By; RAYMOND TEDUNJAYE, Lagos
Lagos State Government on Tuesday, February 16, 2021 began a two-week free mass anti-rabies vaccination campaign programme to curb the menace of rabies in the State, the State Commissioner for Agriculture, Ms. Abisola Olusanya has said.
Olusanya explained that the vaccination campaign is aimed at promoting awareness of rabies among dogs and cats since rabies is a deadly disease mostly transmitted to humans through infected dogs’ bites which can result in fatalities if not treated early.
The Commissioner disclosed that the need for the campaign arose as a result of the increase in reported cases of canine rabies across the State making it a persistent endemic problem.
According to her, 6,250 vaccines would be administered to dogs and cats that are made available at any of the State Government Veterinary Clinics in the five divisions of the State including Badagry, Surulere, Ajah, Ikorodu, and Agege among others.
“Rabies is one of the oldest communicable under-reported zoonotic diseases. Dogs are responsible for 98% of fatality in humans. Annually, hundreds of human deaths are recorded globally despite the fact that rabies is preventable through vaccination, public awareness and responsible ownership.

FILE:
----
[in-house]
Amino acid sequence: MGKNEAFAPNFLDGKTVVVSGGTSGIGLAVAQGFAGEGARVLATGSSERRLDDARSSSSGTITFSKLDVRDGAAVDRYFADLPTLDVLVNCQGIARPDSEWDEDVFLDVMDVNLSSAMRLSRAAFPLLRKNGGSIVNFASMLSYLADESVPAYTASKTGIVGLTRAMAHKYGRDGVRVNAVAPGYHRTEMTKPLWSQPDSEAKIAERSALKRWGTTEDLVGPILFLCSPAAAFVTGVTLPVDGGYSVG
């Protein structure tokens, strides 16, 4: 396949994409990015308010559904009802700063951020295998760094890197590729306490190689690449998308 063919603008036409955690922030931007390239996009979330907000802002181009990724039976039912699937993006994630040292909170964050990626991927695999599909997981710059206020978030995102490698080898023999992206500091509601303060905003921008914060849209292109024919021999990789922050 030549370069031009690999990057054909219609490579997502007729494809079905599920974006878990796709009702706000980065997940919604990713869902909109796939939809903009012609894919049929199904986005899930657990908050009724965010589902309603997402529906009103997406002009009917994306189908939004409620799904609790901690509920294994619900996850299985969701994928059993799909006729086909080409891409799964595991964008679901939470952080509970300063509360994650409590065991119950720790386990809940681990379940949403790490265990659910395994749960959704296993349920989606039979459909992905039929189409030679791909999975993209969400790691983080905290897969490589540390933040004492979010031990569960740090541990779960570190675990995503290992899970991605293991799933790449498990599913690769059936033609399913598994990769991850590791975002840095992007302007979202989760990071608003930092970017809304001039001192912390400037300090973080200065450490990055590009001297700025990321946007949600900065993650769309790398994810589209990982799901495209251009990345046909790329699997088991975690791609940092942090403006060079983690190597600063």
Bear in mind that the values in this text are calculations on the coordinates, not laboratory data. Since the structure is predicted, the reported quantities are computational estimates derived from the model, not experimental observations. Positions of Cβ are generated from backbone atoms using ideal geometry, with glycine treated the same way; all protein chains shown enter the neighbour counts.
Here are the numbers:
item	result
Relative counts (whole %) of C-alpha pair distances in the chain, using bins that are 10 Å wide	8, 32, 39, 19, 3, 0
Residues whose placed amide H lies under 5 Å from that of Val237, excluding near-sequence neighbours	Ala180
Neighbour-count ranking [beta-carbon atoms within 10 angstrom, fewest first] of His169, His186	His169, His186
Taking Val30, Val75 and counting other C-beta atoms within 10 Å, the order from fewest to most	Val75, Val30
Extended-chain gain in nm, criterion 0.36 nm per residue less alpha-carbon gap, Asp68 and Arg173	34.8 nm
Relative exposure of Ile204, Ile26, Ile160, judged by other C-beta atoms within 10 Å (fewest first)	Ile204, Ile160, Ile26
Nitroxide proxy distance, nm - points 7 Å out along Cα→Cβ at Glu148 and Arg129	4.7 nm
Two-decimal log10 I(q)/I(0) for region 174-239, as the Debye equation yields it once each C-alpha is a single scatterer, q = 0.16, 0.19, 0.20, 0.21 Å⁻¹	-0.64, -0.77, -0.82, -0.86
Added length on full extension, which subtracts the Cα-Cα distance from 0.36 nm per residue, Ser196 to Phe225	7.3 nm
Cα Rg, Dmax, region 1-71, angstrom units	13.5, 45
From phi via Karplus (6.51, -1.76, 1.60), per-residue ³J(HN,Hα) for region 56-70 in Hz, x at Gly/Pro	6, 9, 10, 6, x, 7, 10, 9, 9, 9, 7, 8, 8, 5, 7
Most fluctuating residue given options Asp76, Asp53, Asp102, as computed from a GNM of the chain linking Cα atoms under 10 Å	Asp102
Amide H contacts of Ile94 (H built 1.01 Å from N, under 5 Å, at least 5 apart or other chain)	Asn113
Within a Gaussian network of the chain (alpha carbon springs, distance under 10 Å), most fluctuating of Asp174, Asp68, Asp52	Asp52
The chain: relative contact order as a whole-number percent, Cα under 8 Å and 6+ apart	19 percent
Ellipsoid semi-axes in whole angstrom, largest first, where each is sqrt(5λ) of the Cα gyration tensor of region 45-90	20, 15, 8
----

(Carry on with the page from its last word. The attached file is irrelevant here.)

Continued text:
“6250 vaccines donated by the World Organization for Animal Health (OIE) through the Federal Ministry of Agriculture and Rural Development (FMARD) to the Lagos State Ministry of Agriculture, Department of Veterinary Services would thus be administered during the vaccination campaign.
“The flag-off programme took place at Oba Ayangburen’s Palace, Ikorodu on the 16th of February, 2021 by 10.00a.m,” Olusanya said.
The Commissioner noted that rabies is most common in countries where stray dogs are present in large numbers especially in Asia and Africa and could be contacted if the saliva from an infected animal got into an open wound or through the eyes or mouth of a human being.
Olusanya stated that rabies is a fatal disease that causes up to 59,000 deaths globally every year and as such it must be treated with all the seriousness it deserves by controlling and preventing it spread through regular vaccination of all pets and domestic animals against rabies.
She also stressed that a concerted effort must be made to control the stray dog population in the urban and rural areas for a significant reduction in the incidence of human and canine rabies in the State.
The Commissioner therefore urged all dog owners to bring their dogs for vaccination at the designated veterinary clinics in the State just as she further urged them to ensure that they are up to date on vaccination procedure as that is the only way to prevent human beings from getting infected.